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Social media falsely link student to bombing

University officials and family members confirmed the rumors were unfounded

Claims on social media platforms that Sunil Tripathi, a former member of the class of 2012, was a suspect in the Boston Marathon bombings were dispelled Friday morning when Boston Police Department officers named Tamerlan and Dzhokhar Tsarnaev as the two suspects. 

Tamerlan Tsarnaev, 26, was killed during a confrontation with police early Friday morning following a shooting at the Massachusetts Institute of Technology and a shooting and bomb scare in Watertown, Mass. His brother, Dzhokhar Tsarnaev, 19, was caught Friday after an extensive manhunt that effectively shut down the city of Boston. He remains in serious condition.

Family members and University officials confirmed that Tripathi was not a suspect Friday morning.

Widespread Internet discussion and multiple media outlets claimed Thursday evening and early Friday morning that Tripathi’s name was heard on police scanners as one of two suspects in Monday’s bombings. Multiple news outlets, including the Atlantic, later confirmed Tripathi’s name had not been mentioned on police scanners.

“The last 18 hours have generated tremendous and painful attention — on social media platforms Facebook, Twitter and Reddit, as well as from television media inquiries — linking Sunil to the video stills released by the FBI yesterday afternoon,” Tripathi’s family wrote in a statement Friday.

“Reports that (Tripathi) was a possible suspect in the Boston Marathon investigation were untrue, and there is no connection between him and the events in Boston,” wrote Russell Carey ’91 MA’06, executive vice president for planning and policy, and Margaret Klawunn, vice president for campus life and student services, in a community-wide email Friday.

“Our thoughts are with the Tripathi family who have had to endure additional pain due to unfounded and irresponsible Internet rumors,” they wrote.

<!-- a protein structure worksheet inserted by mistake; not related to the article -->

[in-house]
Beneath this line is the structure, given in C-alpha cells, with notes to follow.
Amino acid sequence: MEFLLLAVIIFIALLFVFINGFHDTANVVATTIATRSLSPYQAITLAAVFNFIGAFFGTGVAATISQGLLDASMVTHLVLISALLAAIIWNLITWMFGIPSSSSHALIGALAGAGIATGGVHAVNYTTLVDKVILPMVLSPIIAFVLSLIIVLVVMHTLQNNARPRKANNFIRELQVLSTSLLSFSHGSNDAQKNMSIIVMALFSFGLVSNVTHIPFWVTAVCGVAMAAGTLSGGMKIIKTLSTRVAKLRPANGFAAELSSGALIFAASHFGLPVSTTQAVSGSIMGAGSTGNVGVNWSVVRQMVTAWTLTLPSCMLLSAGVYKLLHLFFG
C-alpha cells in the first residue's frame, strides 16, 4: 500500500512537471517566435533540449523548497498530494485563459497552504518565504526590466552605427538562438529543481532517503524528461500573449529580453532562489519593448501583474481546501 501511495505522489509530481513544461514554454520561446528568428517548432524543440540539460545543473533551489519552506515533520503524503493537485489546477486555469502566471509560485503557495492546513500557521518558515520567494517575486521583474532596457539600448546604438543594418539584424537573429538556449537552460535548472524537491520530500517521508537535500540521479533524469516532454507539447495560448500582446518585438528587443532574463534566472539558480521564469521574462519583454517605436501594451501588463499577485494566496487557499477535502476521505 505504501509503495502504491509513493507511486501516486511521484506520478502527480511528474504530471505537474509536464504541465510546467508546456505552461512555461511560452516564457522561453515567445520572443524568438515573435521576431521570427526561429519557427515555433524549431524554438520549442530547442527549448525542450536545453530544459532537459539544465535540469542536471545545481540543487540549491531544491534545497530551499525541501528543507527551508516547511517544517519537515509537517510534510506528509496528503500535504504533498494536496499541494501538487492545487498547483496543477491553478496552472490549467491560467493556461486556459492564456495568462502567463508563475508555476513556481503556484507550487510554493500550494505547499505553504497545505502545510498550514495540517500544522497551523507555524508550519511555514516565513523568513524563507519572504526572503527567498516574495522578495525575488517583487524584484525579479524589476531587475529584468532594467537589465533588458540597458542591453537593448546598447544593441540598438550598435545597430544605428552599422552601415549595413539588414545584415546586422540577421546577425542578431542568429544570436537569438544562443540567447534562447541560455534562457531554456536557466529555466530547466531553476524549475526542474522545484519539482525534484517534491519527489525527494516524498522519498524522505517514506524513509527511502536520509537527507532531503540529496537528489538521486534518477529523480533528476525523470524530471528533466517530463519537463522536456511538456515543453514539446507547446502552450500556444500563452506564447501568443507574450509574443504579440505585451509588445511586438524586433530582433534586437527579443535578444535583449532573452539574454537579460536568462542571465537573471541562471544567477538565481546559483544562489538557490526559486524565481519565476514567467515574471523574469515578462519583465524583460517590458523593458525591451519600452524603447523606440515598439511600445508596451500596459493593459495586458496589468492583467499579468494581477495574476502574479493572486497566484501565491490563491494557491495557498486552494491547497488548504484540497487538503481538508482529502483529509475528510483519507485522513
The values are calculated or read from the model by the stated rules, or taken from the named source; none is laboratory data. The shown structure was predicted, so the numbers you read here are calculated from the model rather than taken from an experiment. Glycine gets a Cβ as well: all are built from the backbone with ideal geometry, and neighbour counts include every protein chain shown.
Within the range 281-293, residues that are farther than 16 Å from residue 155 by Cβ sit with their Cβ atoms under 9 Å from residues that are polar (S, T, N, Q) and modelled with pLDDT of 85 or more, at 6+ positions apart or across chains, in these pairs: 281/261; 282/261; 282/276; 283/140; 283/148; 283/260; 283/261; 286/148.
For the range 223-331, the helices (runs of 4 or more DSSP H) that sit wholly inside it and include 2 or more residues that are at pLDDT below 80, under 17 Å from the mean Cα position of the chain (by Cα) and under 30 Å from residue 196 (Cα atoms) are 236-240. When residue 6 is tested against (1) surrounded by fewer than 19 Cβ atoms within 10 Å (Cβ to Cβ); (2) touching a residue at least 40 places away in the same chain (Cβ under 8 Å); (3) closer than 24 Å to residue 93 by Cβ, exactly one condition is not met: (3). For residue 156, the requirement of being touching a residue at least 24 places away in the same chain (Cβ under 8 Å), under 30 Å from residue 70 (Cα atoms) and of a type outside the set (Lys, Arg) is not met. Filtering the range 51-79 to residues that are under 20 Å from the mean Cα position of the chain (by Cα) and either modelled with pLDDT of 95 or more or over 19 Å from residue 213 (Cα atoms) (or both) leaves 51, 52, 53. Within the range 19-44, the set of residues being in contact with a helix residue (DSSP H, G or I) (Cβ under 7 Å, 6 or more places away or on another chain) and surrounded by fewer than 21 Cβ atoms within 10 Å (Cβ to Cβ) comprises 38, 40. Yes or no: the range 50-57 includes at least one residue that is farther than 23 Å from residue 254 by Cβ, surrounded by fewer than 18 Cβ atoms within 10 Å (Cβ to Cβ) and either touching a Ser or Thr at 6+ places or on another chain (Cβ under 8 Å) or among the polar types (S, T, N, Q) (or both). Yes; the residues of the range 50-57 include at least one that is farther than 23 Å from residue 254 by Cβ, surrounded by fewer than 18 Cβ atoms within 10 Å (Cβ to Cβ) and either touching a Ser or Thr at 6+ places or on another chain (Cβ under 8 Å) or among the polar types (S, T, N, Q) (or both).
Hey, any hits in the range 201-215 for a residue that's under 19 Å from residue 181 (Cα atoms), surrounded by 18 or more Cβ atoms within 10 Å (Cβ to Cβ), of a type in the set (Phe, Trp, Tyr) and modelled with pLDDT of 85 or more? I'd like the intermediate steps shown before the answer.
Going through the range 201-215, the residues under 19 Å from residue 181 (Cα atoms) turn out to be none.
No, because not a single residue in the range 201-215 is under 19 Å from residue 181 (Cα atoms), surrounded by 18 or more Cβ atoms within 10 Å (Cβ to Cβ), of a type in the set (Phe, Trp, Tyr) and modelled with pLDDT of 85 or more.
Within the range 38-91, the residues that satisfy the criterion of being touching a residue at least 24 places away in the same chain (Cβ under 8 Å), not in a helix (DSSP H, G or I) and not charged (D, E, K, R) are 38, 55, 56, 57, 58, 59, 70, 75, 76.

Rumors that Tripathi was associated with the bombings circulated Thursday after a high school classmate of Tripathi’s posted FBI stills and pictures of Tripathi on Twitter, suggesting resemblance. Comments alluding to the rumors surfaced on the Facebook page the family has devoted to searching for Tripathi, and family members disabled the page until early Friday morning.

Family members reached out to law enforcement officers when traffic started “picking up” on the Facebook page, said Tripathi’s brother Ravi Tripathi ’09. “Various levels of law enforcement” stayed in touch with the family throughout the night, he added.

“At no point did it appear to anyone that Sunil was involved in any way,” he said.

University officials, including Klawunn and University Chaplain Janet Cooper Nelson, also contacted the family Thursday night, Ravi Tripathi said.

Family members continue searching for Tripathi, who went missing March 16, mother Judy Tripathi said. They hope to “use as much of this energy and buzz that has been created to help us in our search for Sunil,” she said. “We’re still as actively as ever looking.”


Last updated Monday April 22, 2013 at 2:25 a.m.

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